It’s not a good idea for municipal governments to borrow in order to cover operating expenses, according to the business-backed Citizens Budget Commission in New York City. Doing so can burden the next generation “with the cost of benefits enjoyed by the current generation,” according to Charles Brecher of the CBC.
“Because such borrowing is viewed with great disfavor, local leaders who have resorted to this approach in the past in New York State have been made subject to outside ‘control boards’ and required to adhere to improved fiscal practices in exchange for legislative authority to undertake the borrowing,” he wrote on the Citizens Budget Commission’s blog. “This happened in New York City, Buffalo, Nassau County and Yonkers.”
Rockland County and the city of Long Beach on Long Island were unsuccessful in their attempts to convince the Legislature to allow deficit borrowing without the oversight of a control board failed. But similar requests have been approved in recent years for borrowing to cover the cost of settling a big lawsuit or offering a retirement incentive program, Brecher said. to borrow $80 million so it could pay off most of its roughly $95 million deficit, and it planned to pay off the loan through a new 4 percent residential energy tax.
But four communities on Long Island did receive the go-ahead to borrow so they could cover the cost of accrued sick leave, vacation pay and other costs for employees who were retiring or leaving, he said. They were the village of Lynbrook, the town of Oyster Bay, the city of Glen Cove and the city of Long Beach (which was denied authority to borrow for its full operating budget). Long Beach will have to repay the debt in five years, and the other three municipalities have 10 years. Glen Cove is paying $1.8 billion for six police officers to retire, or 4 percent of its $46.6 million budget.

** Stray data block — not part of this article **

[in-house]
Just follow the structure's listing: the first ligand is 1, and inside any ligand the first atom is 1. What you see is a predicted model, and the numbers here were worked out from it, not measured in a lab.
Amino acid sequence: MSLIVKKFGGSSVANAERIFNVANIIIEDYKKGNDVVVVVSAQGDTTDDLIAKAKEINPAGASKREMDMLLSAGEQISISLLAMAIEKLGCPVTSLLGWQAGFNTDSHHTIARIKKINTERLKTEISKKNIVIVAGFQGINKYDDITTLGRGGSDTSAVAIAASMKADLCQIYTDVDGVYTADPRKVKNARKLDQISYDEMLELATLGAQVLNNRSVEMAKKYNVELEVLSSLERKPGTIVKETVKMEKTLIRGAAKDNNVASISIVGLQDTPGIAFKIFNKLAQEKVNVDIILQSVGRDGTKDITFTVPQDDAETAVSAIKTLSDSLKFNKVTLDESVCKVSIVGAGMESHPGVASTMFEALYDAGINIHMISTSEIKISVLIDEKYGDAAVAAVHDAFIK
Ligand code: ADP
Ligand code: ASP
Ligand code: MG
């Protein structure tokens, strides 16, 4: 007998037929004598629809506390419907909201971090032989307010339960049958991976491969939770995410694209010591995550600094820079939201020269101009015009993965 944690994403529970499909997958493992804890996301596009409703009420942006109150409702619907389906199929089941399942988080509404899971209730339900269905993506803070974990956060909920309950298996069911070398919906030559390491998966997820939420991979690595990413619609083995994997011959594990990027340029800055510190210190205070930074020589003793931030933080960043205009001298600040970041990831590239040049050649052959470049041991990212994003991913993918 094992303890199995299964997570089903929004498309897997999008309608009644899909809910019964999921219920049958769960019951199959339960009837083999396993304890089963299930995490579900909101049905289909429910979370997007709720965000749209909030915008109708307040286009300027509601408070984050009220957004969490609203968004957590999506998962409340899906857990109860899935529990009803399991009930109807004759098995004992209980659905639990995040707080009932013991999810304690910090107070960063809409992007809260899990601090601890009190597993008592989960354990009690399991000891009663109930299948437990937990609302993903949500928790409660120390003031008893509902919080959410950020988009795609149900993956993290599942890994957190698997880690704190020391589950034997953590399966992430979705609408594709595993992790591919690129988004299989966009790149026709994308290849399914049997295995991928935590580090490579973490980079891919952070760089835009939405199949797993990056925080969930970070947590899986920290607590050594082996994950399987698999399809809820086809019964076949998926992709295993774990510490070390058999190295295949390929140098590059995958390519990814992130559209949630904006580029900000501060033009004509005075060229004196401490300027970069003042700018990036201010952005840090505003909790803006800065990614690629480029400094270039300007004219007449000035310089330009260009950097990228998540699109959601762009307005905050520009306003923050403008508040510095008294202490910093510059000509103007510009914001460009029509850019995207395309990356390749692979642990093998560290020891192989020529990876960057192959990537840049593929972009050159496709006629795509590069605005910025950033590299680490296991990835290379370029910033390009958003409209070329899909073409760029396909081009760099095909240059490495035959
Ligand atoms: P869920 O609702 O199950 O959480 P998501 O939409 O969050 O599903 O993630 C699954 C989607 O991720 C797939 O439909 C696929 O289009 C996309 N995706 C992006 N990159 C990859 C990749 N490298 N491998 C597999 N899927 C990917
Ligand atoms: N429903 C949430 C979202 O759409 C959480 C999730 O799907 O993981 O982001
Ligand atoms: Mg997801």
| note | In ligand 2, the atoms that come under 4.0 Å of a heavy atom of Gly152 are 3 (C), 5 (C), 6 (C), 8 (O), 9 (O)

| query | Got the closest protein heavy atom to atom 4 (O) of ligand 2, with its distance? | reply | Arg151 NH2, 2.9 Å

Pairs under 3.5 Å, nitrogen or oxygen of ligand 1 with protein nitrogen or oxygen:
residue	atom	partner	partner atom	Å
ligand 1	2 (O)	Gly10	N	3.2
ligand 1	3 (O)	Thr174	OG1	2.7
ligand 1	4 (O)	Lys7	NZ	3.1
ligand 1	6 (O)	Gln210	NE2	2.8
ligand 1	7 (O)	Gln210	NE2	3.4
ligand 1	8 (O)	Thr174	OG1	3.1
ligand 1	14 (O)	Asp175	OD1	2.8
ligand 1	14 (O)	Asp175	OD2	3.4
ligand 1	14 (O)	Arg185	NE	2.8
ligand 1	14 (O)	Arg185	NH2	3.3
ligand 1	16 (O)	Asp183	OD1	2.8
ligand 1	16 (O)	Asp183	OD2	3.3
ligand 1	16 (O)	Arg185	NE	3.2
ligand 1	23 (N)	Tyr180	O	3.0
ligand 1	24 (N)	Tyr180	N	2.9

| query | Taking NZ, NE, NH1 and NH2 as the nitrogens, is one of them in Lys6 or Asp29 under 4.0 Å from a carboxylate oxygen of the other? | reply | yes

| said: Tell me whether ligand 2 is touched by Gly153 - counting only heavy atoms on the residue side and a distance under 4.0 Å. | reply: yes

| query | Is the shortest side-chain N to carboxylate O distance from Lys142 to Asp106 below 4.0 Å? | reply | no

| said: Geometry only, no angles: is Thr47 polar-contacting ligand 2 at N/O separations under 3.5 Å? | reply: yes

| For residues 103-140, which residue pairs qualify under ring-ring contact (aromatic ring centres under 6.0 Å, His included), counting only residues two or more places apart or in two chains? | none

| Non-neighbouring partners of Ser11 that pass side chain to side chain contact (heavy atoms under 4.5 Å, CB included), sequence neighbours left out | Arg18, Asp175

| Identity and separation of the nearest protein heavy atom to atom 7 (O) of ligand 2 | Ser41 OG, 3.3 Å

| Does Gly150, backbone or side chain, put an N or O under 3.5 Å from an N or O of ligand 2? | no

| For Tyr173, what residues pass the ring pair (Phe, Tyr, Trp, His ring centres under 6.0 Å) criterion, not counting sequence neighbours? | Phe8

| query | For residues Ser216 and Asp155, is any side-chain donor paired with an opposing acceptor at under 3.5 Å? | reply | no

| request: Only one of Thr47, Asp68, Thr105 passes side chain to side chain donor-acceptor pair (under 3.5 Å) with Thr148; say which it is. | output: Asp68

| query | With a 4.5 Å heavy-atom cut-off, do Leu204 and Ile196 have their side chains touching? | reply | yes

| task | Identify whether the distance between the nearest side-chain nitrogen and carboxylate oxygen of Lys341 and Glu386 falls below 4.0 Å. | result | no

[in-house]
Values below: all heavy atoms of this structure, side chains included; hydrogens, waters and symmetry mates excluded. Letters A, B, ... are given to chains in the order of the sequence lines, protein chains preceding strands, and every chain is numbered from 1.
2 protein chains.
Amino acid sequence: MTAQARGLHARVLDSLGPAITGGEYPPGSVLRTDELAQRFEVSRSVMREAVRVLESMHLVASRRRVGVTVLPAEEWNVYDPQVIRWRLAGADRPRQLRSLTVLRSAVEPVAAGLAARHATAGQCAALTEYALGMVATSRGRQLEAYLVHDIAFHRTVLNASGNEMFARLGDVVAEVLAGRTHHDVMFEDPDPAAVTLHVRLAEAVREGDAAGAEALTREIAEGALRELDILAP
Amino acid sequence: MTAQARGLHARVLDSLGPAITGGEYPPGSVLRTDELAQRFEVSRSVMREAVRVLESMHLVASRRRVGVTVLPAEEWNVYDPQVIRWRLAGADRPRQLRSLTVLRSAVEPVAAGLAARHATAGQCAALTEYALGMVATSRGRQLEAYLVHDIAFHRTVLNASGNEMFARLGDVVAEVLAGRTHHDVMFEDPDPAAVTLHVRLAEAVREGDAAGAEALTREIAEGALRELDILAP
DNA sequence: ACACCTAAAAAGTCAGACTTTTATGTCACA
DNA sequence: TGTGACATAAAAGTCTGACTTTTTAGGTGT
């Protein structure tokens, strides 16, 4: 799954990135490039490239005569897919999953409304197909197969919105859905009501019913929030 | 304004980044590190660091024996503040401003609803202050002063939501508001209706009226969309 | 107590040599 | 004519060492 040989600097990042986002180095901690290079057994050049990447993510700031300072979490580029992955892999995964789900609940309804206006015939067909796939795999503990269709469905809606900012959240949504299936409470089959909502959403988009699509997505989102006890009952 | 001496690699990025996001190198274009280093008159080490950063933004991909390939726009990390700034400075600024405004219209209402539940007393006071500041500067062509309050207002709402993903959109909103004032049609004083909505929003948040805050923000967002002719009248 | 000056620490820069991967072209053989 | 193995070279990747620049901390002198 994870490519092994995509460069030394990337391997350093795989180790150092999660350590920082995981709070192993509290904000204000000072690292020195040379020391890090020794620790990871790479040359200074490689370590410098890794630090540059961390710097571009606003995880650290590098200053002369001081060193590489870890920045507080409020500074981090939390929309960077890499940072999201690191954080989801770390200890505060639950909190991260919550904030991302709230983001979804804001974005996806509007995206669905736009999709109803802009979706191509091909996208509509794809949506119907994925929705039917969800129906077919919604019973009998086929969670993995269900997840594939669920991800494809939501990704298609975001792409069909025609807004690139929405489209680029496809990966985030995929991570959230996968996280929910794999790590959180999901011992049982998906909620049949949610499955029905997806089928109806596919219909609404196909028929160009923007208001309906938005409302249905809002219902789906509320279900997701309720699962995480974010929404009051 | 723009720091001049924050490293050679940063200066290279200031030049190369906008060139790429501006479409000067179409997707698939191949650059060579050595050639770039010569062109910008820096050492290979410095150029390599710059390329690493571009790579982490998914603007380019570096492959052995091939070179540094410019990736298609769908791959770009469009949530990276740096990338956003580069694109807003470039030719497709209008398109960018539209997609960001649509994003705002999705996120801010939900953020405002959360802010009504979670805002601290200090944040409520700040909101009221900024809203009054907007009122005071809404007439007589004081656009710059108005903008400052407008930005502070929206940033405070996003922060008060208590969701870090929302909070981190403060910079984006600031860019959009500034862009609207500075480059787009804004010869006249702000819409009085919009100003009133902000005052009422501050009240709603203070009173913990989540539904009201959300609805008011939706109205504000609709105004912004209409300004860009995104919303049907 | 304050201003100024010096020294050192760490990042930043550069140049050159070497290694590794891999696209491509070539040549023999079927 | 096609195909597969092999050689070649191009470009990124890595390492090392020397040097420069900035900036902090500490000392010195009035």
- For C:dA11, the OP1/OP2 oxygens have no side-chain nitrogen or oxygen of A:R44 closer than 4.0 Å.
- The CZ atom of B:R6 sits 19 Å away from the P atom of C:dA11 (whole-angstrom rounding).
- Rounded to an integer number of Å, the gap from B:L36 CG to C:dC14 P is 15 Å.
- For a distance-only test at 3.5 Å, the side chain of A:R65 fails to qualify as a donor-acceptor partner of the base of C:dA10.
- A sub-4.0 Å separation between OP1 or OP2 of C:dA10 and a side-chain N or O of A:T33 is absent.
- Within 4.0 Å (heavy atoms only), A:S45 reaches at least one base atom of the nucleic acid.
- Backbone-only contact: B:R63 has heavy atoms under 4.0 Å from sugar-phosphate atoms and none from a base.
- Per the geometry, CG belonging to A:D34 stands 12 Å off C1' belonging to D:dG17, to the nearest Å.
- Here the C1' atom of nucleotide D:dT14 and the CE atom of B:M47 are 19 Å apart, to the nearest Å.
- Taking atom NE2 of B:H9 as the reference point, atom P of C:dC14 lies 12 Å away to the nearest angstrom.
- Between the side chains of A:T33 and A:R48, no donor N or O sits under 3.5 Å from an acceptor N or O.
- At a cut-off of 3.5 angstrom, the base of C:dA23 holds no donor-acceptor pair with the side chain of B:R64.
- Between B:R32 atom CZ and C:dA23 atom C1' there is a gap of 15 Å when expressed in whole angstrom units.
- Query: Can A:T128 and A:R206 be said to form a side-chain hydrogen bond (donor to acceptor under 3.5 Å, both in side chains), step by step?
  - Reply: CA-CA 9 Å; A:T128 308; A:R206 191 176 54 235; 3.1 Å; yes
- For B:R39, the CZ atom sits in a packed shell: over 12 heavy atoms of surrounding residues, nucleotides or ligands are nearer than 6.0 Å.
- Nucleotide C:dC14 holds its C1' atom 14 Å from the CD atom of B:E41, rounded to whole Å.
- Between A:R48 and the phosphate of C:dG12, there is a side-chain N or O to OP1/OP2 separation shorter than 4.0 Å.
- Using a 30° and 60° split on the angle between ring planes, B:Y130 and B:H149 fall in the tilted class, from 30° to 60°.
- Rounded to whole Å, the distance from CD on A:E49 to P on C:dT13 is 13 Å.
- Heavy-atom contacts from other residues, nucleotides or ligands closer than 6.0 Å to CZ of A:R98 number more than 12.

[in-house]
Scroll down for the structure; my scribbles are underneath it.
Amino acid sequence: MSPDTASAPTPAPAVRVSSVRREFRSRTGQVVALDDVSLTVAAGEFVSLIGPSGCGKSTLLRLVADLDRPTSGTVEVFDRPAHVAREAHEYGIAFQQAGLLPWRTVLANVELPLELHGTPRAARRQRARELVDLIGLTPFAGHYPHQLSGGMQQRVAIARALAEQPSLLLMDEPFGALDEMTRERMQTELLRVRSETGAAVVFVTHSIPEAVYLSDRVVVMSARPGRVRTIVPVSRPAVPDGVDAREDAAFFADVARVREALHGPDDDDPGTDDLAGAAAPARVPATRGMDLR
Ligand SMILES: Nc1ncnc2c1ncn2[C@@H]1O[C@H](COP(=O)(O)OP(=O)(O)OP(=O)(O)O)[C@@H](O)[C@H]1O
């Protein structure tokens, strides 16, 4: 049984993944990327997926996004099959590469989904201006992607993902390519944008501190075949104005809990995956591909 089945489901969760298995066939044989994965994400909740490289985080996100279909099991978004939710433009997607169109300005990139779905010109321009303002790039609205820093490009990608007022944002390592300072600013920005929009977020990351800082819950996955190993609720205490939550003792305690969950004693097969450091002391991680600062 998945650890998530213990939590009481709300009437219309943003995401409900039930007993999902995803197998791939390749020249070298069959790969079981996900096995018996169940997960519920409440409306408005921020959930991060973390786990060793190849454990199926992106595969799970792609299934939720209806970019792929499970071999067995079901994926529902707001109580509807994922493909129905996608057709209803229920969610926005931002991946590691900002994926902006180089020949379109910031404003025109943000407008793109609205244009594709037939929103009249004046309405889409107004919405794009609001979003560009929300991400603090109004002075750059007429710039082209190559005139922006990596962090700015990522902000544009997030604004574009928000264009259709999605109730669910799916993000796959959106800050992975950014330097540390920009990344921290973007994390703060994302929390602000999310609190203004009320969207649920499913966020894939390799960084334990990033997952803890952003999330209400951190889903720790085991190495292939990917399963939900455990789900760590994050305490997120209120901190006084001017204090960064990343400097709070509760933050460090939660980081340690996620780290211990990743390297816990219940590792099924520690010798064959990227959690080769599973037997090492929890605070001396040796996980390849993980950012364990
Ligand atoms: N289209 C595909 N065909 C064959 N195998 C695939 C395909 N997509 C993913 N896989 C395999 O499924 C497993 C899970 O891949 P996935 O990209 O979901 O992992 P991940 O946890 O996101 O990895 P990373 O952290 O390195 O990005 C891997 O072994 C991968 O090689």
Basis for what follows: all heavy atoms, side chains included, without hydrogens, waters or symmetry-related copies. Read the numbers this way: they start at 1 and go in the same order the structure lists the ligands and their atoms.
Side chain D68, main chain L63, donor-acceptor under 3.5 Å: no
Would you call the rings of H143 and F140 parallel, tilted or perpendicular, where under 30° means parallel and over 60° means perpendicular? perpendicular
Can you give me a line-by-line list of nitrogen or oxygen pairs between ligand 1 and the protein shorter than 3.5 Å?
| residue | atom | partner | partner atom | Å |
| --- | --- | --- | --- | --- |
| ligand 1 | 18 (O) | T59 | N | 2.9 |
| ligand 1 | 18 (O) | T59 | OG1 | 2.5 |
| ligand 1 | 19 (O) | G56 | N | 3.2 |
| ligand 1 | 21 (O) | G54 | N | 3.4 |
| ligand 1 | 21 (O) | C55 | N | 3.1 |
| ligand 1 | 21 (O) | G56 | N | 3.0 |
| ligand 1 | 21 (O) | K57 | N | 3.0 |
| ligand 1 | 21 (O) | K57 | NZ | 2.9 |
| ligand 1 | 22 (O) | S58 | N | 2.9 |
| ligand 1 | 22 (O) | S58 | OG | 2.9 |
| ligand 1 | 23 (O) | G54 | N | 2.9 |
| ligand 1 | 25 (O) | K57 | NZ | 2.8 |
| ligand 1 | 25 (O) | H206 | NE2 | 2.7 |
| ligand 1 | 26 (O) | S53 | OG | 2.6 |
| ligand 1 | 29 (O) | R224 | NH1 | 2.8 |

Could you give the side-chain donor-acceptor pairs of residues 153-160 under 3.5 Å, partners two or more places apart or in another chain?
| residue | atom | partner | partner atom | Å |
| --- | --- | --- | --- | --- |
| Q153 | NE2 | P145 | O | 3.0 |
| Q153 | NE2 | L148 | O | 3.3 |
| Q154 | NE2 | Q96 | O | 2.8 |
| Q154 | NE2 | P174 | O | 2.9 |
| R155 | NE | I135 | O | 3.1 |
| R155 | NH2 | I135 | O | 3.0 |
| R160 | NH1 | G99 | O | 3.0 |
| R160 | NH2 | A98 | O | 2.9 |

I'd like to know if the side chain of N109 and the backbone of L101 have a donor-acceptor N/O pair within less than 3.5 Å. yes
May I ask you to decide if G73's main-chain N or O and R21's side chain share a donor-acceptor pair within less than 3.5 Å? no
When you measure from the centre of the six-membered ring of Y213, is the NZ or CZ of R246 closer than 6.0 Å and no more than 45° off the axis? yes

“This trend toward forms of ‘excusable’ borrowing appears now to be growing, extending to borrowing for separation costs such as accrued sick leave and vacation days that are claimed by departing employees without money having been set aside to pay for them. This fiscal strategy should be curtailed, and state officials should develop alternatives to borrowing to cope with the underlying problem – accrued liabilities for ‘separation costs,'”he wrote.
Citizens Budget Commission recommends preventive actions to control accrued liabilities, such as limiting how many sick days and vacation days can be set aside and cashed out upon retirement or separation. Municipalities should place money in reserves to cover accrued benefits for future retirees, the group advises.
Another liability they have to contend with is paying premiums for retirees’ health insurance. The state comptroller’s Comprehensive Annual Financial Report for the 2011-12 fiscal year, which ended March 31, found that the state’s accrued liability for vacation and sick leave was $1.2 billion and $10.6 billion for other post-employment benefits.
“The current troubles in places like Lynbrook and Oyster Bay may foreshadow far greater cash shortfalls in the major governments serving New Yorkers when future retiree health insurance costs must be paid,” Brecher wrote. “Like their smaller suburban neighbors, the leaders of these entities should be doing more to reduce and meet these large future obligations” instead of permitting “ad hoc borrowing.